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Drink Alcohol Antibiotic Medication Bronchitis
Bronchitis is an inflammation of the mucous membranes of the bronchi (airways that carry air from the trachea to the more distal parts of the lungs, or bronchioles). Bronchitis may be caused by either viral or bacterial infections, and is treated with antibiotics , steroids, inhaled bronchodilators, or mucolytics. Bronchitis can be acute or chronic. The latter is usually associated with smoking and may be part of COPD. Both acute and chronic bronchitis can lead to other serious conditions, including pneumonia with ...Read more
I have acute bronchitis. After using albuterol and Symbicort, (budesonide and formoterol) Bromfed and fluticasone nasal spray I am feeling a bit better. Can I drink alcohol?
Wait 24-48: To be safe and to let the antibx work most effectively, wait 24-48 hours, than you can drink etoh in moderation and responsibly only. Best wishes. ...Read more
Don't know, but...: Since there are no double-blind, randomized control trials to answer this question, can't tell you for sure. However, the question that I have is - since an antibiotic is usually given only for a few days, if you don't feel like you can safely refrain from drinking alcohol for even that period, might you be struggling with an alcohol problem. Please discuss this with your doctor asap. ...Read more
Depends on…: The antibiotic: some like Flagyl (metronidazole) can interact with alcohol & cause marked nausea & vomiting. Bactrim (sulfamethoxazole and trimethoprim) alone can cause nausea/vomiting even without alcohol. No drug interactions r listed for bactrim, (sulfamethoxazole and trimethoprim) amoxicillin, & alcohol, but it's never a good idea to mix alcohol with meds. Bactrim (sulfamethoxazole and trimethoprim) & alcohol both affect the liver. Best to wait until you've finished antibiotics before drinking. ...Read moreSee 1 more doctor answer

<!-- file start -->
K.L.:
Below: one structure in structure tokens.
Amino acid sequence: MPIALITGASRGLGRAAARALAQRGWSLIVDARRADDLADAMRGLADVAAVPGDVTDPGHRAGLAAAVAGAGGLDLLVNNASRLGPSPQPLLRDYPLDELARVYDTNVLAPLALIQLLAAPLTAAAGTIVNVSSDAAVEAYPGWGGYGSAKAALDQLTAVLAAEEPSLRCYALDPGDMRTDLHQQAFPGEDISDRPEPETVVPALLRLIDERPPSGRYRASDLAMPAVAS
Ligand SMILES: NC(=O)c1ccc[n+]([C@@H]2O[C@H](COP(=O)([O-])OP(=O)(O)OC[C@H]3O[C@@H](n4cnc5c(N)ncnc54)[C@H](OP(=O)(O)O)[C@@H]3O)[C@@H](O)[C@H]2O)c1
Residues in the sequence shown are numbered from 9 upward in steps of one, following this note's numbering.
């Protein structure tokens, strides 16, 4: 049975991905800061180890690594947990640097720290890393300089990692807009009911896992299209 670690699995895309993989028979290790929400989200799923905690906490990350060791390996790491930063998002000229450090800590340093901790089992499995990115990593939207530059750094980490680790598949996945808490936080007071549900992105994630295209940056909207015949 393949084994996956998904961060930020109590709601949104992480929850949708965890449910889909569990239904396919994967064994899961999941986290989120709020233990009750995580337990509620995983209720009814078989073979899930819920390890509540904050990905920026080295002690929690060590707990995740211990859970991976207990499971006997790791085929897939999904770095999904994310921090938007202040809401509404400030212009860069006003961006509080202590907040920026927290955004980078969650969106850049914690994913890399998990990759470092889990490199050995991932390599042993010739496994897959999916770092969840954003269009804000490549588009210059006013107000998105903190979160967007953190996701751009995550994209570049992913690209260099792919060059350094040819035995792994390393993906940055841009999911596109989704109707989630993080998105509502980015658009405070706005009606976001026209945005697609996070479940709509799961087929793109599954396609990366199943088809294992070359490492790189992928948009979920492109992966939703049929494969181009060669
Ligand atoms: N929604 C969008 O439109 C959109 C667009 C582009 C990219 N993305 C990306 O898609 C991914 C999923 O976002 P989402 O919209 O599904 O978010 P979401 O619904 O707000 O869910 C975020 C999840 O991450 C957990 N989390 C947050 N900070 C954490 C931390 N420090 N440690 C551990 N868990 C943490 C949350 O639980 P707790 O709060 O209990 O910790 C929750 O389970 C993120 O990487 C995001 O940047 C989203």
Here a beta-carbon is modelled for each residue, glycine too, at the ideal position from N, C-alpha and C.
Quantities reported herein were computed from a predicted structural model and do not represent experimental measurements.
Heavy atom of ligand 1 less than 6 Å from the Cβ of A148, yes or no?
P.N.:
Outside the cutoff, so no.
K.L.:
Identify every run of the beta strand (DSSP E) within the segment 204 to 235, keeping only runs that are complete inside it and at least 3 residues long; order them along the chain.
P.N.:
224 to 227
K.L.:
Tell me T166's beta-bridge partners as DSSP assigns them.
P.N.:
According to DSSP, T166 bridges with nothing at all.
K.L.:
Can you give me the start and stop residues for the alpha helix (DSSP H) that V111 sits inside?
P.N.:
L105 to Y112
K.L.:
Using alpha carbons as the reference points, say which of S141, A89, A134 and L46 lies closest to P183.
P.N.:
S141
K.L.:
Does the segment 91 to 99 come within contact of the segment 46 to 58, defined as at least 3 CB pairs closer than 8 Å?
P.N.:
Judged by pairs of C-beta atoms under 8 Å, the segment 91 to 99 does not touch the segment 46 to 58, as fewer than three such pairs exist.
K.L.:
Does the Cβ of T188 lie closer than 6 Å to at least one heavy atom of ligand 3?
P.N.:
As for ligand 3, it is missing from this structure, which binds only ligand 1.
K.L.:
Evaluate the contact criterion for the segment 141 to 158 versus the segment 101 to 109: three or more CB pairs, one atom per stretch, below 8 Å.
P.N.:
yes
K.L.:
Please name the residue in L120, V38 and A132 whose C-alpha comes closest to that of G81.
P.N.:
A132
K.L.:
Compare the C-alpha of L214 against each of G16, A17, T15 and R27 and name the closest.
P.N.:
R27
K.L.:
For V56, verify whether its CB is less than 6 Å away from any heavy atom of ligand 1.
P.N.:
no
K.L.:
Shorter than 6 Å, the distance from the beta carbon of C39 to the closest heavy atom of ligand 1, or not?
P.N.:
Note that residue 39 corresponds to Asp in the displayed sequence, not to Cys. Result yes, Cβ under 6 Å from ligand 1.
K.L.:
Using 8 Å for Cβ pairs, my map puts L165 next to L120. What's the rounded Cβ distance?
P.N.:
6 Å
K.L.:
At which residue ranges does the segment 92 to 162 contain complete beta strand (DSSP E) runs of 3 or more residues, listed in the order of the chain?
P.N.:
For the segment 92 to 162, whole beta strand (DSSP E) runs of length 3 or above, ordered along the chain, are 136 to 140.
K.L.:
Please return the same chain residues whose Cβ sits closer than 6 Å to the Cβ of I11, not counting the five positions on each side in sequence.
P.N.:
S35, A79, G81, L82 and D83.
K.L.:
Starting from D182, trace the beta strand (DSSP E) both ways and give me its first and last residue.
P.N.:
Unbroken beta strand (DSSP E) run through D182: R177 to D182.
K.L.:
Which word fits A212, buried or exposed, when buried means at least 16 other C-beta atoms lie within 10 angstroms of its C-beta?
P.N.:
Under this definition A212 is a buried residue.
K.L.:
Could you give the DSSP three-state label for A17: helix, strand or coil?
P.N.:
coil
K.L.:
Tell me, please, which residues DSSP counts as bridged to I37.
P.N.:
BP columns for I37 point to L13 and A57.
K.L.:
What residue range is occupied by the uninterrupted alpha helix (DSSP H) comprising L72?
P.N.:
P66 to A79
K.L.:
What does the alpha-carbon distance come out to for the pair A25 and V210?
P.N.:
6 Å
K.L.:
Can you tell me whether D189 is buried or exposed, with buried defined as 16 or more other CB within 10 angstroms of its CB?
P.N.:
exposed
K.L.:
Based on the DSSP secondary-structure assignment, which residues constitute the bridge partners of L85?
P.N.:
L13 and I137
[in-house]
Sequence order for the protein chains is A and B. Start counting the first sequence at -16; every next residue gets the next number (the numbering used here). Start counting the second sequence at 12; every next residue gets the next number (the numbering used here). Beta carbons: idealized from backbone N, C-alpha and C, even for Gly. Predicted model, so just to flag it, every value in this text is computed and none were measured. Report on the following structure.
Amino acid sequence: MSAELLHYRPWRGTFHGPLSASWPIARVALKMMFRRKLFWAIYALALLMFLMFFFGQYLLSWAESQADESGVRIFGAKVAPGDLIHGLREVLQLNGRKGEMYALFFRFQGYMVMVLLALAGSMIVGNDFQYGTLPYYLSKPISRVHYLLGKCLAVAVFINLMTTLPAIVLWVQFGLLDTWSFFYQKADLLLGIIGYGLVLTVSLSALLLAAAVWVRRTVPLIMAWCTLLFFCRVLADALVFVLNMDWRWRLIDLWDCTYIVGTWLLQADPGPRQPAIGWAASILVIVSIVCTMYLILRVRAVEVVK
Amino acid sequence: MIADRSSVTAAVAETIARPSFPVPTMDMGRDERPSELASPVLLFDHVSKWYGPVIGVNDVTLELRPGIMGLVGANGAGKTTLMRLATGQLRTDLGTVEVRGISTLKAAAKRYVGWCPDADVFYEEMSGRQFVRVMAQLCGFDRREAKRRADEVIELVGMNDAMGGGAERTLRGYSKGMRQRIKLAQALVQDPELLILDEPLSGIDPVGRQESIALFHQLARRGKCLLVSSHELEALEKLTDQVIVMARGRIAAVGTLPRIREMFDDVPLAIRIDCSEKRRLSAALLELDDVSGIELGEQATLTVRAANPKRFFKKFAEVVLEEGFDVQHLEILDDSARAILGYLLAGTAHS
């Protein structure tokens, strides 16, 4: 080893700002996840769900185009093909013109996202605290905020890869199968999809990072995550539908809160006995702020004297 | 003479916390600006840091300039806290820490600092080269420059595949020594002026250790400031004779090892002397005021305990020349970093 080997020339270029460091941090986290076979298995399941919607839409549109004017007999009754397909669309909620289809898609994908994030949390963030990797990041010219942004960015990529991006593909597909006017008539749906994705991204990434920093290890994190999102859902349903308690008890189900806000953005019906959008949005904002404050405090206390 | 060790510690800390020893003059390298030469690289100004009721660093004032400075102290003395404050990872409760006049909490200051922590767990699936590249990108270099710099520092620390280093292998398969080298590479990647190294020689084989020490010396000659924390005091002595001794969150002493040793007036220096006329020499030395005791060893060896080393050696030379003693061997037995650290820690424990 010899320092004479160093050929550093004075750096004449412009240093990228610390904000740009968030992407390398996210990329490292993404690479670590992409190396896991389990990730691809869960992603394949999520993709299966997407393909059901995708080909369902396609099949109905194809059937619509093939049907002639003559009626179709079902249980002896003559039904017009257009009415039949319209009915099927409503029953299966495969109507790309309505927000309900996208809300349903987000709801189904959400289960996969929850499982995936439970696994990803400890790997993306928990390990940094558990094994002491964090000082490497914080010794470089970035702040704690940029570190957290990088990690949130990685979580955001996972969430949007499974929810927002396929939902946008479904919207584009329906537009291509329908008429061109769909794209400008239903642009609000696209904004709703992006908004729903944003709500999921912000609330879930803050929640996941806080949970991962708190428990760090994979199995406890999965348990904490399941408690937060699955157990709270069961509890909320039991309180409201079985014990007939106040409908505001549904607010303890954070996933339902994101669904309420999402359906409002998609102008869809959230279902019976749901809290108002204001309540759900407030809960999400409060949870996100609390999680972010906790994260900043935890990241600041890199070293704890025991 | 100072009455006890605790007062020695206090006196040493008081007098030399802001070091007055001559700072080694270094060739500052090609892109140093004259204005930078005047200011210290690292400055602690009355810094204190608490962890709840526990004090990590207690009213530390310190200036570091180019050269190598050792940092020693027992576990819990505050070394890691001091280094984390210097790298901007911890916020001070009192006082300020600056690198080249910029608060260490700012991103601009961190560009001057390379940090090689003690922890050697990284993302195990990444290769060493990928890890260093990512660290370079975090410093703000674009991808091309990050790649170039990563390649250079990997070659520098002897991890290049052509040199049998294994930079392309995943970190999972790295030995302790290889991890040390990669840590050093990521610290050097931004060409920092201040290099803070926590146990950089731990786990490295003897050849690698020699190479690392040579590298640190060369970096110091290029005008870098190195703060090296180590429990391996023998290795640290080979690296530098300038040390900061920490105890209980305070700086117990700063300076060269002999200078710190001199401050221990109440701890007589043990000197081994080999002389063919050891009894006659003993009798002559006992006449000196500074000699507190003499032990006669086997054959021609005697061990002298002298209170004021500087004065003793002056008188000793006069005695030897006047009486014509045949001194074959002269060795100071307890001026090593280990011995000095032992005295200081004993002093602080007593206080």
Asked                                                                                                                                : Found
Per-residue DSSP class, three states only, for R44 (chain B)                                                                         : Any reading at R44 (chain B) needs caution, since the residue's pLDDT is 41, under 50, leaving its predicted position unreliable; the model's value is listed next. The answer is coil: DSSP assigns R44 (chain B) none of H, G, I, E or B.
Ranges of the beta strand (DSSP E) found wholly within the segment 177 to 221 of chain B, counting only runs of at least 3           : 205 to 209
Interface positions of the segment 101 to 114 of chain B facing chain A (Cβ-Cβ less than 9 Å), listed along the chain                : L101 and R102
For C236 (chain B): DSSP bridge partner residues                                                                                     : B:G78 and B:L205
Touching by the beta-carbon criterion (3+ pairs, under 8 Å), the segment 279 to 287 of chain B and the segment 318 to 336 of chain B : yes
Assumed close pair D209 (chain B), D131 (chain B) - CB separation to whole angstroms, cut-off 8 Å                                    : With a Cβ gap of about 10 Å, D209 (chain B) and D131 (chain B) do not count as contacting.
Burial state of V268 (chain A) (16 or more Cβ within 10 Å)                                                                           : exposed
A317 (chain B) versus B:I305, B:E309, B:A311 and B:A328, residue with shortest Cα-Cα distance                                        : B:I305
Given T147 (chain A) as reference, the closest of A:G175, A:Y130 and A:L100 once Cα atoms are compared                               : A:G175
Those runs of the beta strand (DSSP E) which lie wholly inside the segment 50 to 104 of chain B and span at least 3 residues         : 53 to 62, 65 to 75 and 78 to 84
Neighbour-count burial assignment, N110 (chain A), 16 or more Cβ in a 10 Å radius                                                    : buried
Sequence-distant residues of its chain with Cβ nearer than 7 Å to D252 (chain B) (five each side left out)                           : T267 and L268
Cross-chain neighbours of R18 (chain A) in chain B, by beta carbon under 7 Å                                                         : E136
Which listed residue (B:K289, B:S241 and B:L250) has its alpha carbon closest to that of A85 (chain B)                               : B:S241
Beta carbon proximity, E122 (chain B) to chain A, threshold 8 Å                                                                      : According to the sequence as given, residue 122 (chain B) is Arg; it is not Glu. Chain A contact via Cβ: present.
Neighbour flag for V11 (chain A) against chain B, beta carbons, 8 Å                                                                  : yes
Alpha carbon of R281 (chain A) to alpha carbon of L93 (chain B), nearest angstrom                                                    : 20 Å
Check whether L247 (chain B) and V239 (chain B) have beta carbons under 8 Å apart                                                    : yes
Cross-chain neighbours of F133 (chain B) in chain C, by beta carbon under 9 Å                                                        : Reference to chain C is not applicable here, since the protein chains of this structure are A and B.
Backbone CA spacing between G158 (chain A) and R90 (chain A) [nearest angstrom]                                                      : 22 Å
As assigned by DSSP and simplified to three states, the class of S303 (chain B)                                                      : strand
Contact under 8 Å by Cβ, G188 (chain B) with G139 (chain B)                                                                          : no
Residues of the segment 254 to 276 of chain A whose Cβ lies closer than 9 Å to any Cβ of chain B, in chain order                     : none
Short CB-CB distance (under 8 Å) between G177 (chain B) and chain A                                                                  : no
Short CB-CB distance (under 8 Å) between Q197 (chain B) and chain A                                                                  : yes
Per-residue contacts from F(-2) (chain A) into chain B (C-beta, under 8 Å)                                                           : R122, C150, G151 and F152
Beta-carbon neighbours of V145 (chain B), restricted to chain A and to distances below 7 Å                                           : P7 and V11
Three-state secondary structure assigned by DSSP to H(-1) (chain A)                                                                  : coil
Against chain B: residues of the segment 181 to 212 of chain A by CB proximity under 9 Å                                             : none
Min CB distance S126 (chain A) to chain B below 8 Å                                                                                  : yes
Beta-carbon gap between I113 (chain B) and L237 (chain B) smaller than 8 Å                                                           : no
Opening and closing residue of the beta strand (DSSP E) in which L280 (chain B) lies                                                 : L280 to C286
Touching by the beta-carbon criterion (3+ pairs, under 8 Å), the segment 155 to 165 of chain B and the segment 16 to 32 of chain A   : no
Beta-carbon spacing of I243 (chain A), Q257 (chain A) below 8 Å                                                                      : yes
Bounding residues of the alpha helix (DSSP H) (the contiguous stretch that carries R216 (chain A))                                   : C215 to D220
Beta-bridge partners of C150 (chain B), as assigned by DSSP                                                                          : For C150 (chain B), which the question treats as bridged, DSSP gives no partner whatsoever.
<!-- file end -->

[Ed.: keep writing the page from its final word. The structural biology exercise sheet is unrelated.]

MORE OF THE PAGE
Within limits, yes: Azithromycin can cause gastrointestinal irritation with abdominal pain, nausea, or cramping, and alcohol could make it worse. For most people, a couple of drinks, wine or beer aren't likely to be a problem, but go easy. Of course heavy alcohol use impairs the body's ability to fight any infection, so no heavy drinking. ...Read more
Alcohol is available in many beverages, from beer and wine to the more potent distilled spirits, such as gin, rye, and whiskey. There appear to be at least small health benefits of small amounts of alcohol use (fewer than five drinks per week), especially of red wine Excessive alcohol use can lead to addiction and severe social and physical complications. Excess long term alcohol use is the most common cause of cirrhosis of the ...Read more
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